Preview · Article · Oct 2004 · Critical Reviews in Oncology/Hematology
[Show abstract][Hide abstract] ABSTRACT: Among B-cell malignancies, follicular lymphomas (FL) more frequently show acquired, potential N-glycosylation sites (AGS) within tumor-specific immunoglobulin. The aim of this study was to extend this observation and to evaluate the pattern of presentation of AGS within five different forms of B-cell lymphoma.
We sequenced the tumor-specific immunoglobulin heavy chain variable region fragment, including complementarity-determining regions 2 and 3, of forty-seven consecutive patients with a B-cell malignancy enrolled in idiotype vaccine clinical trials. This sequencing approach is known to allow the identification of most AGS. We then statistically analyzed differences in presentation pattern, in terms of tumor histology, immunoglobulin isotype, AGS location and amino acid composition.
All twenty-four FL cases presented with at least one AGS, whereas the vast majority of four B-cell lymphoma types other than FL did not. The non- FL group of tumors included four cases of Burkitt's lymphoma, six of diffuse large cell lymphoma, seven mantle cell lymphomas and six small lymphocytic lymphomas. Most IgM-bearing follicular lymphoma cases featured their AGS within complementarity-determining region 2, as opposed to those bearing an IgG, which mostly displayed the AGS within complementarity-determining region 3. The vast majority of AGS located within either complementarity-determining region ended with a serine residue, whereas those located within framework regions mostly featured threonine as the last amino acid residue.
In our series, all cases of FL had AGS within their tumor-specific immunoglobulin heavy chain variable regions. In contrast, most B-cell malignancies other than FL did not. Further studies are warranted in order to establish the possible meaning of these findings in terms of disease pathogenesis, their diagnostic value in doubtful cases and their potential implications for immunotherapy.
[Show abstract][Hide abstract] ABSTRACT: The continuous search for therapeutic approaches that improve the conventional treatments of neoplasms, together with an improved understanding of the immune system, has led in recent years to the development of Immunotherapy. Basically, a distinction can be made between two forms of immunotherapy: passive immunotherapy, which consists in the transfer of antibodies or cells previously generated in vitro that are directed against the tumour, and active immunotherapy, which attempts to activate in vivo the immune system and induce it to elaborate a specific response against the tumor antibodies. Hematological neoplasms, specifically some B lymphomas, express in their membrane an immunoglobulin that is considered a specific antigen of the tumour, which is why these diseases have become the ideal target for immunotherapy treatments. There are many alternatives, ranging from protein vaccines, which have already shown clinical benefits, to those of the second generation, which make use of the new techniques of molecular biology to increase the efficacy of the vaccines and obtain their production in a quicker and less costly way, but with which there are not yet definitive clinical results.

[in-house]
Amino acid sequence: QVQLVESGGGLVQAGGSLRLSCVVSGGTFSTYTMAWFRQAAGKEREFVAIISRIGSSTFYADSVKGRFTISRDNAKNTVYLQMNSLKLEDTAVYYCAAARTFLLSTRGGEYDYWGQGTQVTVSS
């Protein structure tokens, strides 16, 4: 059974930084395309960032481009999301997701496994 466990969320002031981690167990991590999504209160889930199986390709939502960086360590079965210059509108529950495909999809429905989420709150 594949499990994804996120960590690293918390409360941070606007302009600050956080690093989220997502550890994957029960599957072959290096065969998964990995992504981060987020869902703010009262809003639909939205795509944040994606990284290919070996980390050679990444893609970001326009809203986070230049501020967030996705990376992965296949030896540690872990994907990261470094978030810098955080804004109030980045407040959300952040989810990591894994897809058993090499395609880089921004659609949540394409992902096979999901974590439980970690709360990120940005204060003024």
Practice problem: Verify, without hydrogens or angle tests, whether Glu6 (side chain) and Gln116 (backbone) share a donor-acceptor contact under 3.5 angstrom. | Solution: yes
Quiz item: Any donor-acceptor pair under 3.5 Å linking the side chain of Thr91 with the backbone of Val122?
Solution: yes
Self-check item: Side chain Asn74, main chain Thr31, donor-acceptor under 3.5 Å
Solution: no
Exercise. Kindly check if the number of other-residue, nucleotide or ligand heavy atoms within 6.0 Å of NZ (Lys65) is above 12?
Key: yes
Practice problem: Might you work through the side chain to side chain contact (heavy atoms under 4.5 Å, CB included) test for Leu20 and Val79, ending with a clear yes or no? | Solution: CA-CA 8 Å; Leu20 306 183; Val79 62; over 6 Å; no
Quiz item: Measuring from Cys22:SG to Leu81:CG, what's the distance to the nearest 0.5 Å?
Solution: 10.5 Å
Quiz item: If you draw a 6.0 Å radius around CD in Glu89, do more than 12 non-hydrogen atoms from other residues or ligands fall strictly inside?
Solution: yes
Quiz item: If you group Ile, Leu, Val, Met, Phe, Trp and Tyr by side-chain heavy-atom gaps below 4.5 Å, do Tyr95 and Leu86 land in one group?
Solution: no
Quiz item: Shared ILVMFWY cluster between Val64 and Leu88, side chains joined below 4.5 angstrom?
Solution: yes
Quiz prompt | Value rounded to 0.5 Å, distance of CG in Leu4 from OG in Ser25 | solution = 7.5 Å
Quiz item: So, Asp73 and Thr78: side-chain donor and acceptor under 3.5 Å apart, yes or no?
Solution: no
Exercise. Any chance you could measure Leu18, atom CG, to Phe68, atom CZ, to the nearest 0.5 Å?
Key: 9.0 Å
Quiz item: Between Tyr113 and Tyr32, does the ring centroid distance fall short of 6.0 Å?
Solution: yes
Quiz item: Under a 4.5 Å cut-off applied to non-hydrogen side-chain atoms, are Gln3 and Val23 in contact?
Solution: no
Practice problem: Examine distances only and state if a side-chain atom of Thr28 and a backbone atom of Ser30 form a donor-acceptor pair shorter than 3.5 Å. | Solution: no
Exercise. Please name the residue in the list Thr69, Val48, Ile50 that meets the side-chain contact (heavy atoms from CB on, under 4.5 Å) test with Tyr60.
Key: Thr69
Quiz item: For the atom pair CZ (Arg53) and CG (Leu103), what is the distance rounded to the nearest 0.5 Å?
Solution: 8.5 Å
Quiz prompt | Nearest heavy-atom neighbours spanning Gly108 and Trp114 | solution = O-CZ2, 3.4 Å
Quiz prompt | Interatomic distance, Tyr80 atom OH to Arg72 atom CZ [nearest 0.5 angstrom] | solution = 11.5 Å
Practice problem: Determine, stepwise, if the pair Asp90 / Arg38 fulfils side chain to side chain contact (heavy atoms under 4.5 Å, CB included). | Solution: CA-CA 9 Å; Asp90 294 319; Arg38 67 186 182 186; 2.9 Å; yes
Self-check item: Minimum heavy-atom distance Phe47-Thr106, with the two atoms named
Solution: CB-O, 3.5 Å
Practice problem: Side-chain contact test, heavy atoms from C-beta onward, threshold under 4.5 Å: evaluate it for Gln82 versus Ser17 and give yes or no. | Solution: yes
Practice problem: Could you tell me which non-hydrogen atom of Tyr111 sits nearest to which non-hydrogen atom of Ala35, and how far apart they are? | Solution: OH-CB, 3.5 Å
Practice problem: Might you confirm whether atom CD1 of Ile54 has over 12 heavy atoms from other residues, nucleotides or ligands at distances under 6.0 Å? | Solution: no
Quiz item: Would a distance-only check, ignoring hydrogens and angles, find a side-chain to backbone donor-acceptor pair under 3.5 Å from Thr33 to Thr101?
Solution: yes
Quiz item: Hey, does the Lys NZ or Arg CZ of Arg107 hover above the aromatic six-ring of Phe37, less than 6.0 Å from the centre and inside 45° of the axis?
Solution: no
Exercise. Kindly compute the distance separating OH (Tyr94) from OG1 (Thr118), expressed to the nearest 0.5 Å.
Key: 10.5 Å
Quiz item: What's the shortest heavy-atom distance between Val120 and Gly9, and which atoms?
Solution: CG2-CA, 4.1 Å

Preview · Article · Apr 2004 · Anales del sistema sanitario de Navarra
[Show abstract][Hide abstract] ABSTRACT: Feasibility of idiotype vaccination was statistically compared among five different B-cell malignancies in first relapse. When based on hybridoma production techniques, idiotypic vaccination for relapsed B-cell malignancies was consistently feasible only in follicular lymphoma patients, whereas the main cause of failure in other settings was the short survival of idiotype-producing hybridomas.
[Show abstract][Hide abstract] ABSTRACT: Expansion and activation of cytolytic T lymphocytes bearing high-affinity T-cell receptors specific for tumor antigens is a major goal of active cancer immunotherapy. Physiologically, T cells receive promitotic and activating signals from endogenous professional antigen-presenting cells (APC) rather than directly from malignant cells. This phenomenon fits with the broader concept of cross-presentation that earlier was demonstrated for minor histocompatibility and viral antigens. Many mechanisms have been found to be capable of transferring antigenic material from malignant cells to APC so that it can be processed and subsequently presented by MHC class I molecules expressed on APC. Dendritic cells (DC) are believed to be the most relevant APC mediating cross-presentation because they can take up antigens from apoptotic, necrotic, and even intact tumor cells. There exist specific molecular mechanisms that ensure this transfer of antigenic material: 1) opsonization of apoptotic bodies; 2) receptors for released heat shock proteins carrying peptides processed intracellularly; 3) Fc receptors that uptake immunocomplexes and immunoglobulins; and 4) pinocytosis. DC have the peculiar capability of reentering the exogenously captured material into the MHC class I pathway. Exploitation of these pieces of knowledge is achieved by providing DC with complex mixtures of tumor antigens ex vivo and by agents and procedures that promote infiltration of malignant tissue by DC. The final outcome of DC cross-presentation could be T-cell activation (cross-priming) but also, and importantly, T-cell tolerance contingent upon the activation/maturation status of DC. Artificial enhancement of tumor antigen cross-presentation and control of the immune-promoting status of the antigen-presenting DC will have important therapeutic implications in the near future.
Full-text · Article · Jan 2003 · Experimental Hematology